12. Rodster on Sun, 1st Nov 2015 5:37 pm 

    “The IPCC is a government panel. They have watered down the science and have even moved the goalposts. The original agreed upon global mean temperature do not exceed limit was 1 degree C, to give us a 50/50 chance of triggering a runaway greenhouse event. We are currently at ~1.2 degrees C and will continue to climb for several decades even if we completely stop burning all fossil fuels now.”

    That’s my problem with Climate Scientists as well. First it was 1c, now it’s 2c above baseline. Then it was 350 PPM of CO2 now it’s don’t cross over 450 PPM as i’ve read we already hit 450 PPM. It’s like they threaten disaster and when life goes on, they change the number even higher.

    I believe that we are in deep shit with all the fossil fuels we have burned and all the carbon we put in the atmosphere since the industrial revolution. But i’ll add that the other elephant in the room is Geoengineering which in it’s own way is equally as bad because those that are behind it are playing God with the weather and climate. My stance has been that all of our current and future environmental nightmares are not solely based on Climate Change and the carbon we have dumped into the atmosphere and Geoengineering is not 100& responsible for it either. They are both a bad and lethal cocktail mix. And if these jokers keep trying to fix one problem with Geoengineering, we may not have a habitable planet in a 100-150 years.

    The other problem with each side of the argument is that they marginalize each other. You have Dane Wigington who thinks Guy McPherson is not approaching the problem correctly and Guy McPherson thinks Dane Wigington is trying to find the flying spaghetti monster.

    Meanwhile we have rising sea levels in low lying areas of South Florida and the Florida Keys.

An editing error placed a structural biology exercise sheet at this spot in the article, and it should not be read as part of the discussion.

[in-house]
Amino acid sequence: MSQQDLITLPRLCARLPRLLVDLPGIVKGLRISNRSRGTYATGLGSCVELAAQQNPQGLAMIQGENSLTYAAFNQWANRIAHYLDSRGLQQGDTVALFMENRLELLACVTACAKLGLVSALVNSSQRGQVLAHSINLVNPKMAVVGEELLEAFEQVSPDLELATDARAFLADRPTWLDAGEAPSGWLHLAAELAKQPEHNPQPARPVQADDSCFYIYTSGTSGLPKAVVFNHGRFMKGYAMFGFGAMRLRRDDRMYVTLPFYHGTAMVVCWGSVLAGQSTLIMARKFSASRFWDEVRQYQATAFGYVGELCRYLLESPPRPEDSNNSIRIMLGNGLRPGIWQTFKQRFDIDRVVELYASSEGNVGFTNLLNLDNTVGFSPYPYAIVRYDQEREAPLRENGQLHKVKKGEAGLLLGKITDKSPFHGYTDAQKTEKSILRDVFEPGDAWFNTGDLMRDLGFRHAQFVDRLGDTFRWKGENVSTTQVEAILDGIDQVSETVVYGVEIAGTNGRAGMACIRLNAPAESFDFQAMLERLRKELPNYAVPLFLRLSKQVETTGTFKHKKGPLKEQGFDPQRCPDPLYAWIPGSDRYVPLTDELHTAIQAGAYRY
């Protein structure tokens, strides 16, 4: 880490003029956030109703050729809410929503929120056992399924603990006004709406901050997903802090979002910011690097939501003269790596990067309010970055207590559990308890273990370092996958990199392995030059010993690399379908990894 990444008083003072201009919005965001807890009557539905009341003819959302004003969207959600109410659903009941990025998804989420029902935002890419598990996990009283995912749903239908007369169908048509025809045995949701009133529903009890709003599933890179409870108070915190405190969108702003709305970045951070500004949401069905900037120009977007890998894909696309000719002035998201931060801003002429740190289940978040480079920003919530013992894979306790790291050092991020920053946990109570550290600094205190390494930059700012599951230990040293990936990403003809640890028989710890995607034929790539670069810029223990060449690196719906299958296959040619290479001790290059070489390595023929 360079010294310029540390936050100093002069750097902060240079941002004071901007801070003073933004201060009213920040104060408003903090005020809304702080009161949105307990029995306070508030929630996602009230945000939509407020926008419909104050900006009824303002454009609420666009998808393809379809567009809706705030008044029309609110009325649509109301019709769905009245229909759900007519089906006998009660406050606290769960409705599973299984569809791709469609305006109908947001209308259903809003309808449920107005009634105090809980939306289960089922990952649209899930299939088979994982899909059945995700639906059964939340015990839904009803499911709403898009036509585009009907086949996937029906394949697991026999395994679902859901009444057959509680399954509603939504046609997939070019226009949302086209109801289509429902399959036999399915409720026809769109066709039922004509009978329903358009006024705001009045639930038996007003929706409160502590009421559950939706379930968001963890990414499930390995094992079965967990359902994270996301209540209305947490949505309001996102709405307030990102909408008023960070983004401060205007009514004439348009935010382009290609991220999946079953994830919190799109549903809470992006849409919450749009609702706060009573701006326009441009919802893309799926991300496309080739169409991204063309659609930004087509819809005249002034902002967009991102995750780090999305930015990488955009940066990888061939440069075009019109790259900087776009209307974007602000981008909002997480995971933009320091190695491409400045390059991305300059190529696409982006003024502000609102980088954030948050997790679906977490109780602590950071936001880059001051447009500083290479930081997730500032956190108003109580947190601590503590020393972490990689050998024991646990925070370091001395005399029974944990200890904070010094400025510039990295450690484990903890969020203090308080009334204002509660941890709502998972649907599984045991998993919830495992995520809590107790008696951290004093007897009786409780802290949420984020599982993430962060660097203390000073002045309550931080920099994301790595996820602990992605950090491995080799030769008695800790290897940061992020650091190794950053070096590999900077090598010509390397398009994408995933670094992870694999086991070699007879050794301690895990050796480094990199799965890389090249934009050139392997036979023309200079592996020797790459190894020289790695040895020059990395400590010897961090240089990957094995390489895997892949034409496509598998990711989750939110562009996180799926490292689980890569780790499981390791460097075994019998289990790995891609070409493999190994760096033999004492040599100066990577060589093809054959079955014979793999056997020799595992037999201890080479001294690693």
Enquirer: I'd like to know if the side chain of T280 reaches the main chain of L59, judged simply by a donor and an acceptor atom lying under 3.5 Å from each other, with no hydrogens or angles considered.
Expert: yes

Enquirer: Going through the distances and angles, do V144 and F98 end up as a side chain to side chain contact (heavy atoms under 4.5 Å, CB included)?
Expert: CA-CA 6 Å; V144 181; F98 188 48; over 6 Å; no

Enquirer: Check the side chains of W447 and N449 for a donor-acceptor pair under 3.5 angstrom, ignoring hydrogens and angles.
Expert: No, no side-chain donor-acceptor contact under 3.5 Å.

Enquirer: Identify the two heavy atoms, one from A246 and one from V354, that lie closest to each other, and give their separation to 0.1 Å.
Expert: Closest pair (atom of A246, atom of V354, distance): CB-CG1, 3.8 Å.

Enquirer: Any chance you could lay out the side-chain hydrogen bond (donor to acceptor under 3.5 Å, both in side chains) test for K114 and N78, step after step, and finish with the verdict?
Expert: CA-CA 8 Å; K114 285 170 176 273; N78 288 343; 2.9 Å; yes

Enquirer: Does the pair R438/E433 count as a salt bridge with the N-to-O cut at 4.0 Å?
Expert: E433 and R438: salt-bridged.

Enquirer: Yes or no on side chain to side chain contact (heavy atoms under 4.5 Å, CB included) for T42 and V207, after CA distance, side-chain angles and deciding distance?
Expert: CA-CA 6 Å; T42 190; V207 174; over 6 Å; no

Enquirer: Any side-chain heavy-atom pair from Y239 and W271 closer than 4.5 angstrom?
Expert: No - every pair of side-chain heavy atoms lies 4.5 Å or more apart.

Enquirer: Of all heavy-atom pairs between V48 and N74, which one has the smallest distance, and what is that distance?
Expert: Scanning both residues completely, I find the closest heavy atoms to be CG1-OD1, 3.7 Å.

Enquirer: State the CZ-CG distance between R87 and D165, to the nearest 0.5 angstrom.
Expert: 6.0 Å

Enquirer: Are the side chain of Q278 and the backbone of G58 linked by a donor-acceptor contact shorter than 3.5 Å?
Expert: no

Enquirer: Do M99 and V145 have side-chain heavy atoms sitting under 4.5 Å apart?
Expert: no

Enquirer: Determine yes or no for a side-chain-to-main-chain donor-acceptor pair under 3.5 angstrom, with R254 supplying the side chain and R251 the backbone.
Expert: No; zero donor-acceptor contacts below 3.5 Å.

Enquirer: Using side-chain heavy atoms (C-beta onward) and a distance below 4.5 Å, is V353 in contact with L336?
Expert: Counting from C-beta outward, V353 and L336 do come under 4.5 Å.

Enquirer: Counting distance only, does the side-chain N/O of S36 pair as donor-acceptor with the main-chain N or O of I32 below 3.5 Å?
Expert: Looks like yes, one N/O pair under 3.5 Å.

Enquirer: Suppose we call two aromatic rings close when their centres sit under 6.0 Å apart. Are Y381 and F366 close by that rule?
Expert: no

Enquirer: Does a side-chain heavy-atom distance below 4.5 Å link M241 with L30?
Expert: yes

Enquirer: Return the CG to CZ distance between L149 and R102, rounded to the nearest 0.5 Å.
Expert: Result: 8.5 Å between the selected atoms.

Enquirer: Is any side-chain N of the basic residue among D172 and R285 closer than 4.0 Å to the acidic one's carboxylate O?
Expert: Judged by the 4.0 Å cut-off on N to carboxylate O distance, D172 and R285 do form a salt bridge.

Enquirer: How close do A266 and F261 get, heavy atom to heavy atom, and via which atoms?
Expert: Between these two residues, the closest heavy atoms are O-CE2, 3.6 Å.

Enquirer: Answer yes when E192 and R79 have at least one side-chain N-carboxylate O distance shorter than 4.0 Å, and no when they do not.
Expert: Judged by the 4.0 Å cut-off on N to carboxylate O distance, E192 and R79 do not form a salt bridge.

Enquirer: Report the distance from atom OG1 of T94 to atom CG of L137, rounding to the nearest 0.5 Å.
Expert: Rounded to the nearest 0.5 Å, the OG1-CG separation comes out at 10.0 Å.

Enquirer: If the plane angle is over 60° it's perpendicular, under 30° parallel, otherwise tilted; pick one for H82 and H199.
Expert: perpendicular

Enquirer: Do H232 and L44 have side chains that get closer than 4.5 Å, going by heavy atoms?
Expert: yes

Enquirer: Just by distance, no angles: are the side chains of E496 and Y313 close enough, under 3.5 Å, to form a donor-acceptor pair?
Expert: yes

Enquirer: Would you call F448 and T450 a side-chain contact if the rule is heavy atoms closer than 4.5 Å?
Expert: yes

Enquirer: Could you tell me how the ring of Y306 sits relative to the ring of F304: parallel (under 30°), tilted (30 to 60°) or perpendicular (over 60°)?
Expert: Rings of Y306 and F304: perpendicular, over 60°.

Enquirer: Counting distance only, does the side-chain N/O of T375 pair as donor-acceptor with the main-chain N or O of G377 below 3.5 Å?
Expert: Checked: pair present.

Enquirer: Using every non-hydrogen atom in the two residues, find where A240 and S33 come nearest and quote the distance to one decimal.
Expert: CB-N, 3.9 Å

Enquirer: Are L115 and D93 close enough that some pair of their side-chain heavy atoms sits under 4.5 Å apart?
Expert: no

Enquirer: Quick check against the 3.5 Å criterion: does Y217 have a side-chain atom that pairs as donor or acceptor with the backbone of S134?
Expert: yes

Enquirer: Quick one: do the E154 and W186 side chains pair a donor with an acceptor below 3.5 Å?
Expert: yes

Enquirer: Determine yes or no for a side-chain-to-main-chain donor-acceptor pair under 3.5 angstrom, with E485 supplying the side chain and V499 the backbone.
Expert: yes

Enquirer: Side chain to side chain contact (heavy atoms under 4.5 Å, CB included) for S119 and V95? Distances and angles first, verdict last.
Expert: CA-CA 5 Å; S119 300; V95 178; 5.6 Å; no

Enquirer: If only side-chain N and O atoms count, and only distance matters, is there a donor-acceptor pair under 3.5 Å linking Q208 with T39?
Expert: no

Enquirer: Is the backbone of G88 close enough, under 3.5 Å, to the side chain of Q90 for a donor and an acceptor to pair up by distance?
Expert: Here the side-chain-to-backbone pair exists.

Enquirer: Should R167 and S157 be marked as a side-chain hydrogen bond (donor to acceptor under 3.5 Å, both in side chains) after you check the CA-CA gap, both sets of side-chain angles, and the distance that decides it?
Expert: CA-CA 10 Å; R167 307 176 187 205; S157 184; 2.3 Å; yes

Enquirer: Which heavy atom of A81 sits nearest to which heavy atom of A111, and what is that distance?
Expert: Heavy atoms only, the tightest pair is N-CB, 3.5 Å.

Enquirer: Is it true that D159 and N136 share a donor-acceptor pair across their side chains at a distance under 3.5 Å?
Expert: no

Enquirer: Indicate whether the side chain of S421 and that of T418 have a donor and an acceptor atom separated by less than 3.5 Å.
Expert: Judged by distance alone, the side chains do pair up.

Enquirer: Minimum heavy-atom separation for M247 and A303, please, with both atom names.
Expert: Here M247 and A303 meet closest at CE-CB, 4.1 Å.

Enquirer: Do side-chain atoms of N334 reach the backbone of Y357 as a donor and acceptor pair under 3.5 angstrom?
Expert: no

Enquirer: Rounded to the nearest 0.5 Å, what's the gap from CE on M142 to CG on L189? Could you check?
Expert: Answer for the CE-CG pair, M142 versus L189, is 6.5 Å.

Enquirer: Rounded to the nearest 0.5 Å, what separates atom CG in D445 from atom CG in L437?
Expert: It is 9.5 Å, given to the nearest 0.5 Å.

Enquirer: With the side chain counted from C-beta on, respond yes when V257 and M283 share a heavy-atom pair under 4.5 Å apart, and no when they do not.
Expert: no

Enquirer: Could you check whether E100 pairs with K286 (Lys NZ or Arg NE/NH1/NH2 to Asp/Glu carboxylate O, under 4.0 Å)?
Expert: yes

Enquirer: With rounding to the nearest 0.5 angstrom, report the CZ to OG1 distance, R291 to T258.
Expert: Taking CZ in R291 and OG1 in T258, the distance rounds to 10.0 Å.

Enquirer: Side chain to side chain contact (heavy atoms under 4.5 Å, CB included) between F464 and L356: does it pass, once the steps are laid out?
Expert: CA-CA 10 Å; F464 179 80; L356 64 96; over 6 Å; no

13. apneaman on Sun, 1st Nov 2015 6:34 pm 

    2c is an economic target not scientific. The scientific upper limit was always 1c, where were at now. Too bad at least another 1.7 is locked in and that does not include most positive feedbacks. And we ain’t finished.The IPCC policy recommendations has been corrupted from day one. There was never any intention of stopping or slowing down by TPTB. Power does not work that way.

    [Part 1] Exposé | The 2º Death Dance – The 1º Cover-up

    https://thebiggestlieevertold.wordpress.com/2010/12/10/part-1-expose-the-2%C2%BA-death-dance-%E2%80%93-the-1%C2%BA-cover-up/

    Part II – Exposé | The 2º Death Dance – The 1º Cover-up

    https://canadianclimateaction.wordpress.com/2010/12/24/part-ii-expose-the-2%C2%BA-death-dance-%E2%80%93-the-1%C2%BA-cover-up/

  14. makati1 on Sun, 1st Nov 2015 8:24 pm 

    Davy, I read your rant this time. You need to be careful of your blood pressure or you will not get to next year.

    I don’t give a damn what you think about my comments. Your view is typical American ‘one percenter’ thinking. The indoctrination runs deep doesn’t it?

    I know that most here are happier than Americans although they have nothing. That is why I think they will survive what is coming better than any American. Typhoons and floods are part of life here. Not exceptions, like in the US. The deaths from the environment are still less than on the roads of America or the murders in America. They have been happening for millennia and are a part of life here.

    No-one in the Us is living like the 3rd world. No one. Yet. You have no idea what it is like, but, you will, and soon.

    BTW: The last typhoon came over the farm and took down one old tree and bent over a few that are now recovering. The tree will be converted to charcoal by our care taker for his use. The neighbors weathered it ok and are moving on with their life. As am I. I enjoy every day here. That is what life is all about.

  15. Davy on Sun, 1st Nov 2015 8:48 pm 

    Makster, how wonderful, you broke your silence and with such a sweet comment. It is so delightful to get under your skin. You are such a silly old man filled with hate and contempt how can I resist such enjoyment.

  16. makati1 on Mon, 2nd Nov 2015 1:58 am 

    I will drop in an read your rants occasionally. But they never change. Look in the mirror at the narrow-minded, brainwashed American pretending to prepare for the end by having hired help and machines to make it work. Who jets off to some vacation spot with his 1%er family occasionally to ‘relieve the stress’ and ‘relax’.

    I would be more impressed if you had 10 acres and did the work yourself or with the help of your wife and kids. But you are a 1%er, pretending to be a doomer, not the real thing.

  17. Davy on Mon, 2nd Nov 2015 6:32 am 

    Wow, Makster, two comments. I must have really got under your ugly clammy hateful skin. Your words do not bother me but your response gives me much pleasure.